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State drops murder charges against accused killers of DA Brooke Jenkins’ relative

Brooke Jenkins recused herself due to a conflict of interest.

A bridge, a man with wings and a woman in an illustration.
Source: Illustration by Lu Chen/The Standard

The California Attorney General’s Office Friday dropped murder charges against two men accused of killing a relative of San Francisco District Attorney Brooke Jenkins, who had politicized the case before she was appointed.   

In a plea deal Friday, Sincere Pomar pleaded guilty to accessory after the fact and Stevie Mitchell pleaded guilty to assault with a firearm. Pomar faces six years, and Mitchell seven years in prison.  

The two men were accused of gunning down Jerome Mallory—the cousin of Jenkins’ husband—in July 2020 in the Bayview as part of an ongoing gang rivalry. At the time, Jenkins was a prosecutor and reportedly walled off from the case, but she later made statements alluding to insider knowledge of the investigation. 

Before taking office, Jenkins publicly complained about her former boss Chesa Boudin’s policy of not filing additional gang charges, which experts say would have made it easier to convict the two men of murder. 

Friday’s plea deal shows that Jenkins was right about the case’s weakness without gang enhancements and raises questions about why such a feeble case was pursued in the first place, say attorneys involved in the matter.

The attorney general’s lawyer said in court that there was never enough evidence to pursue murder charges, one of the defendant’s attorneys reported. 

“I absolutely think that this was the right outcome,” Pomar’s former attorney, Yali Corea-Levy, said. “This is a case based on evidence that they had that probably wouldn’t have even been brought as a murder if it wasn’t for the parties involved.”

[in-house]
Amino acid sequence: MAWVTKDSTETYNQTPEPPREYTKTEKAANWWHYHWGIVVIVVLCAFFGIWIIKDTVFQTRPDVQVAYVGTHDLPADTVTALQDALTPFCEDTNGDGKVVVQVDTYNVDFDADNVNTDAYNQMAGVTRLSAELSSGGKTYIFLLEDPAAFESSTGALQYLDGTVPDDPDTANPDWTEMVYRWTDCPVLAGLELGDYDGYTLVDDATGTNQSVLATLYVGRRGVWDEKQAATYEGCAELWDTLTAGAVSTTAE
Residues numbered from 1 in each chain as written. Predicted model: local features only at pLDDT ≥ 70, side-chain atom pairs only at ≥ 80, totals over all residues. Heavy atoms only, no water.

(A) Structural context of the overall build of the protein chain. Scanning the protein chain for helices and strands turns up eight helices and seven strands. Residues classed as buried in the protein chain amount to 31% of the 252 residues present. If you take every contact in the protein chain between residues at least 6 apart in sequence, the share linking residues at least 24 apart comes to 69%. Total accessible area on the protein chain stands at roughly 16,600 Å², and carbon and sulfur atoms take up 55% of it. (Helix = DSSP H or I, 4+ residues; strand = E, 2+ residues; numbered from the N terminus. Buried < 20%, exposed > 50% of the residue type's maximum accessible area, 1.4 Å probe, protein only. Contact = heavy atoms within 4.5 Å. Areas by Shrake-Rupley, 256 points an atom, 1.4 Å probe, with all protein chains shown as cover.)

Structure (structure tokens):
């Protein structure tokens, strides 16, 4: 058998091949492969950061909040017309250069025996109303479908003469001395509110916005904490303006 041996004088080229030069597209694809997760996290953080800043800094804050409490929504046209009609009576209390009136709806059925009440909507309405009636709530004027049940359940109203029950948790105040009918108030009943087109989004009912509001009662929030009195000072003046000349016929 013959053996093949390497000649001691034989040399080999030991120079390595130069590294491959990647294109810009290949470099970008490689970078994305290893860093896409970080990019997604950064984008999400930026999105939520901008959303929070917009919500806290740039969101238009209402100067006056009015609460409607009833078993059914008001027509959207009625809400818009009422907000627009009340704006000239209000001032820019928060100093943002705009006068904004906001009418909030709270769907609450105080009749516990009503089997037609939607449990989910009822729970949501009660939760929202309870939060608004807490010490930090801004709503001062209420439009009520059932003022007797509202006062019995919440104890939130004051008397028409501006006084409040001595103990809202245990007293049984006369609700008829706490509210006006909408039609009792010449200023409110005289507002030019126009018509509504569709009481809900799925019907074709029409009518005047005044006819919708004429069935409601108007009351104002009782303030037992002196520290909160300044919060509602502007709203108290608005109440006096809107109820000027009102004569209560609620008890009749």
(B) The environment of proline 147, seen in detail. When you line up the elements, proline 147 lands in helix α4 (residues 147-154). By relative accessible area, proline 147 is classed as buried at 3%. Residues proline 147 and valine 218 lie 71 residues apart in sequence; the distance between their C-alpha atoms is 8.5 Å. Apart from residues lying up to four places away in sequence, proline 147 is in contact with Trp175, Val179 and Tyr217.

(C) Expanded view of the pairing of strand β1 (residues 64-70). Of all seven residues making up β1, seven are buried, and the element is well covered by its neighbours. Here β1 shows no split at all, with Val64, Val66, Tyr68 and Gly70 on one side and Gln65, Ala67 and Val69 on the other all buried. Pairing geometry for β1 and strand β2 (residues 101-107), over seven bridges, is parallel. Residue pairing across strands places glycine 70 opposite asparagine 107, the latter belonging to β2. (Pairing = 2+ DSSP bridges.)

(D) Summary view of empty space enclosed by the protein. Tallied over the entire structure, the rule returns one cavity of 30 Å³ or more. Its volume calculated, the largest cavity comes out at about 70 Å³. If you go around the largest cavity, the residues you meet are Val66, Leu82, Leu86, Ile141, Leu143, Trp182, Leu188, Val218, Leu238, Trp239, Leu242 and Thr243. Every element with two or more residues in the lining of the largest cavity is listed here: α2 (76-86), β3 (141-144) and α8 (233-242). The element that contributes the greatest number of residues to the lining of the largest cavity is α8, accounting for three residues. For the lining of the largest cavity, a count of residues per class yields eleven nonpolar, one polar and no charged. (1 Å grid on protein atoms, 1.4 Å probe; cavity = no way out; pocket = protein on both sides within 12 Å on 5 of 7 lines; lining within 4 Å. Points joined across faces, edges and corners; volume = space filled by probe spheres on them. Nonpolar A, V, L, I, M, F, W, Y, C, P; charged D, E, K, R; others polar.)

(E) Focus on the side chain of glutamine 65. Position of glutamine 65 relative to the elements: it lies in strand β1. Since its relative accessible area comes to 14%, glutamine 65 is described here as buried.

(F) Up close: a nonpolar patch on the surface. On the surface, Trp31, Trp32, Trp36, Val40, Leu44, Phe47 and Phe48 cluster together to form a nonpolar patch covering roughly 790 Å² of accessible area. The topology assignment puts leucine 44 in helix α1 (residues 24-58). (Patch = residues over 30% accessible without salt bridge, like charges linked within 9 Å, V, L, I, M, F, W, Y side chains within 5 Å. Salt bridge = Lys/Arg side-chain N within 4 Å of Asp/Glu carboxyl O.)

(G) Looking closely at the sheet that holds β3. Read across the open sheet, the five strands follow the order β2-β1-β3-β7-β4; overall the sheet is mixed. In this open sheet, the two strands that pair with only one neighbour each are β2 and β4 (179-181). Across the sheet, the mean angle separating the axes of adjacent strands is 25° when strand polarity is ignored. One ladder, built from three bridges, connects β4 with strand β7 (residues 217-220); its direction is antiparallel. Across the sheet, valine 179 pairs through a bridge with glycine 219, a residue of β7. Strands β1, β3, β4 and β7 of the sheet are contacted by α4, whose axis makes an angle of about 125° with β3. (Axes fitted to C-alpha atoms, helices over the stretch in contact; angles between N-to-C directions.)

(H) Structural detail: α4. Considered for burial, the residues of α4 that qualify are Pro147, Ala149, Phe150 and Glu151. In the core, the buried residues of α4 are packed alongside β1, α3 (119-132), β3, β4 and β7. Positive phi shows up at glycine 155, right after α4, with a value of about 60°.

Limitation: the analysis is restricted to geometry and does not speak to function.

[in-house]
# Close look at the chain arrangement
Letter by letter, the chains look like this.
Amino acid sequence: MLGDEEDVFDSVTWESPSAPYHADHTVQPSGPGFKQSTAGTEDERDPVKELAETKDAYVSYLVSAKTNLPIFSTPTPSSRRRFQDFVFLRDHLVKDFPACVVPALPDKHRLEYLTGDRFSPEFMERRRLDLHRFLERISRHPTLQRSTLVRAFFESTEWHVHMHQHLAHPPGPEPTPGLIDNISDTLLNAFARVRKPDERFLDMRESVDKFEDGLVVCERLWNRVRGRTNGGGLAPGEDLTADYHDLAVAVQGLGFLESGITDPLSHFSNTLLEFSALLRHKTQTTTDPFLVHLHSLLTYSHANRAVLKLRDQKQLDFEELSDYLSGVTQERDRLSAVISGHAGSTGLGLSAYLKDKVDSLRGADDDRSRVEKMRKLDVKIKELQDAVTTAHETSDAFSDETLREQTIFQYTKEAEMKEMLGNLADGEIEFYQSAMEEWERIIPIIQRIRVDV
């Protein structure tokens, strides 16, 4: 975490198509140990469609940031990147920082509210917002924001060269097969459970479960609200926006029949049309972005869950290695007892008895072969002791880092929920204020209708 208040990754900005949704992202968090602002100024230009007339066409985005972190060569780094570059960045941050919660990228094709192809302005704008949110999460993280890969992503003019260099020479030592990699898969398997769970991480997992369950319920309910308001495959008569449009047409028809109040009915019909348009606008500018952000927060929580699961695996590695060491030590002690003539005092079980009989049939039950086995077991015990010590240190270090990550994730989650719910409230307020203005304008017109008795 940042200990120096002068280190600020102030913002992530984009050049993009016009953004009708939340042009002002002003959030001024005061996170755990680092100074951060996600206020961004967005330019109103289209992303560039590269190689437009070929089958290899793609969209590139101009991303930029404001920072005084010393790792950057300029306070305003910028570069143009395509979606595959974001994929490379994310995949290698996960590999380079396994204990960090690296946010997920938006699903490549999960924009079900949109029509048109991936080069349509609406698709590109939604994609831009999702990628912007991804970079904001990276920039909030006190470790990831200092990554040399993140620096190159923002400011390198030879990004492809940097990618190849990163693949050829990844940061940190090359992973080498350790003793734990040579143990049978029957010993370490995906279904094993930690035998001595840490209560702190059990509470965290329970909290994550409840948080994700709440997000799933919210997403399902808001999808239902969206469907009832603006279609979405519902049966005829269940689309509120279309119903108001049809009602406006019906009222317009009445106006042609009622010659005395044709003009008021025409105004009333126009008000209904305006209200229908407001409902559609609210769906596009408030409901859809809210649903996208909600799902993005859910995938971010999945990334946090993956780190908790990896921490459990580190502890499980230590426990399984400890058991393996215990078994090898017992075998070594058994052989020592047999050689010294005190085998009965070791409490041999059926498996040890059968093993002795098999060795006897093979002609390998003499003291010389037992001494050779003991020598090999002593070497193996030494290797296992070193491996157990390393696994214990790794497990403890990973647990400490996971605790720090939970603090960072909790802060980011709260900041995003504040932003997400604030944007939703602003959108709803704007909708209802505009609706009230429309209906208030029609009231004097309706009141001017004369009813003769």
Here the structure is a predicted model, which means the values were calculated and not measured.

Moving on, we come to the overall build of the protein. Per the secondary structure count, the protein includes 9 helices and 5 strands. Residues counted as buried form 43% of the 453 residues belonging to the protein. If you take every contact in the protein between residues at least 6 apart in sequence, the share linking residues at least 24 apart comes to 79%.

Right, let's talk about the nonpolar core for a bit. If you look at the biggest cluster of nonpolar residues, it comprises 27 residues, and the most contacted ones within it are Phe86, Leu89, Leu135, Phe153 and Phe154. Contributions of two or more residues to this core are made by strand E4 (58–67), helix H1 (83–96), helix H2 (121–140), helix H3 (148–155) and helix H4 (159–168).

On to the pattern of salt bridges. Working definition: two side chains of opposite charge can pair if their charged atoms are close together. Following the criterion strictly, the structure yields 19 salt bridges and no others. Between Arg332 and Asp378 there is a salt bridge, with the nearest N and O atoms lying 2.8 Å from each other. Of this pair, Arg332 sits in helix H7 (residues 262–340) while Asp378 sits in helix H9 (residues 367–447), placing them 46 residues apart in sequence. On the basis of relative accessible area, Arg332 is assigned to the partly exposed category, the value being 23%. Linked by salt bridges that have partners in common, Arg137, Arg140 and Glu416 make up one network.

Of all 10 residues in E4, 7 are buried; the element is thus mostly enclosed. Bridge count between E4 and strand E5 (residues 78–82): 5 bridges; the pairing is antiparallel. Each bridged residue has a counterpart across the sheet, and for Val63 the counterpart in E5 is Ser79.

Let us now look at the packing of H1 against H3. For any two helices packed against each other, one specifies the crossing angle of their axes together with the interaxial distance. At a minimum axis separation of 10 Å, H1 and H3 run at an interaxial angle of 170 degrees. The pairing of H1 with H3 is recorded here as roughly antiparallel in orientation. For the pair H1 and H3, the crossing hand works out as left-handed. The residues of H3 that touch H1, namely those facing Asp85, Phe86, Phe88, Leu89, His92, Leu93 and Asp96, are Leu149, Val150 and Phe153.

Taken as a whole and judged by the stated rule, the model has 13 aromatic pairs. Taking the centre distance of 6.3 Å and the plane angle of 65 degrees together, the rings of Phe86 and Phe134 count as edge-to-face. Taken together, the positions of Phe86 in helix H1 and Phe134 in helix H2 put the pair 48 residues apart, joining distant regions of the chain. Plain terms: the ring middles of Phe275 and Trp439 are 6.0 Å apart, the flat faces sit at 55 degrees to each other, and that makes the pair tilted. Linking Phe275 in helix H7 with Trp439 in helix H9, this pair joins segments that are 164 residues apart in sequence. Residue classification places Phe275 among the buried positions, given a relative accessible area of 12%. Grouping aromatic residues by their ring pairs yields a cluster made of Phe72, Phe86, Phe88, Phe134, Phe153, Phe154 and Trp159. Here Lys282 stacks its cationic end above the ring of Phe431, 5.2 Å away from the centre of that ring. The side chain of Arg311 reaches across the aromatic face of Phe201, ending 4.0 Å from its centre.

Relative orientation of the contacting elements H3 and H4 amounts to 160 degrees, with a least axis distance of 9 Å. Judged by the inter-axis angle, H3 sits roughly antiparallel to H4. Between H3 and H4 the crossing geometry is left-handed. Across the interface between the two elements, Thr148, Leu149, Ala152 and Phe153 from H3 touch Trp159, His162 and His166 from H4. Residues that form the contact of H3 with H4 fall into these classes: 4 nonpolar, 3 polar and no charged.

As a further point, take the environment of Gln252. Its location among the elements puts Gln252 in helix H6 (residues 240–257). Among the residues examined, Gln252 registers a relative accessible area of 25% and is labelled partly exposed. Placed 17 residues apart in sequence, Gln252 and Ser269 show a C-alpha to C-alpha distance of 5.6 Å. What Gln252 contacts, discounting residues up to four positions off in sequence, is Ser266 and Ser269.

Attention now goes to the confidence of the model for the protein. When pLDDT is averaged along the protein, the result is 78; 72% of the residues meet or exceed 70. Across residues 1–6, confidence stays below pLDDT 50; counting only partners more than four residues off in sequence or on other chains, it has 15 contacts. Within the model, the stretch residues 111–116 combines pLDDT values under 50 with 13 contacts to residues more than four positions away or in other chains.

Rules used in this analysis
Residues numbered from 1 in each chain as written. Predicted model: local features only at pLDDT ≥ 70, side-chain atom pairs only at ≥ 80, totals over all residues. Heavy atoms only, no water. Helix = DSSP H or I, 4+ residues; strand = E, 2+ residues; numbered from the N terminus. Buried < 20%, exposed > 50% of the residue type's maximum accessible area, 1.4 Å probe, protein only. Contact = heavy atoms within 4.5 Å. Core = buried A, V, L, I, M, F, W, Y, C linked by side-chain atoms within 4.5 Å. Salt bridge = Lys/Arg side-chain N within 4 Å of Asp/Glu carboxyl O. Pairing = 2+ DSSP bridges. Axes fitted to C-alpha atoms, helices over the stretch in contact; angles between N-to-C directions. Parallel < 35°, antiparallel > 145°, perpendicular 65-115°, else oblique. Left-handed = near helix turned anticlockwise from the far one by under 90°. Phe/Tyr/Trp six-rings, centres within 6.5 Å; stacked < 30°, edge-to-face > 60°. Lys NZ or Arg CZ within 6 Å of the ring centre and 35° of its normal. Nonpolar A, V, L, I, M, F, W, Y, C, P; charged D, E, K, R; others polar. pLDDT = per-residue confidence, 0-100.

Convicting someone of murder on behalf of a gang is a far easier task than building a murder case without such enhancements, Corea-Levy said.

The case and its complications have followed Jenkins’ recent political rise. She initially quit her job as a prosecutor in part because of Boudin’s handling of the case. As a vocal participant in the effort to recall Boudin, she said the case would fall apart without gang charges, which Boudin had dropped. 

Three people stand on a stage.
Accompanied by her husband, Daniel Jenkins, center, San Francisco District Attorney Brooke Jenkins is sworn in by U.S. Sen. Alex Padilla on Jan. 11, 2023. | Source: Jana Ašenbrennerová/ The Standard

“She made this case a political thing. She campaigned when she was doing the recall thing. She campaigned on it. That shouldn’t be happening. Prosecutors should be impartial,” Mitchell’s attorney, Pam Herzig said, adding that the case was a conflict of interest because it involved a family member.

Herzig said that Jenkins’ statements about the case appear to show that she knew there wasn’t enough evidence to convict on murder without gang charges to “muddy the waters,” which is exactly why Boudin had a policy to not file gang enhancements, which are often built on vague connections to gangs. 

Three people walk through a hallway.
Pam Herzig, who represents Stevie Mitchell, walks through the San Francisco Superior Court on July 8, 2022. | Source: Juliana Yamada/The Standard

Following Jenkin’s appointment in July 2022, the case was transferred to the Attorney General’s Office to avoid a conflict of interest, even though Jenkins’ office had attempted to avoid such a move. Jenkins said her office had walled her off from the case and swore she never violated ethics rules about involving herself in the case with her relative.

“I have never breached the ethical wall in this case,” Jenkins said in a sworn declaration filed in the case. “I have never accessed any district attorney files, papers or electronic, or investigative files, and did not direct the investigation of this case in any way or attempt to influence the production of this case.” 

The DA’s Office referred all questions about the matter to the AG’s Office.

Pomar and Mitchell are set to be sentenced May 31.

This article has been edited to accurately reflect the attorneys representing each defendant.

Jonah Owen Lamb can be reached at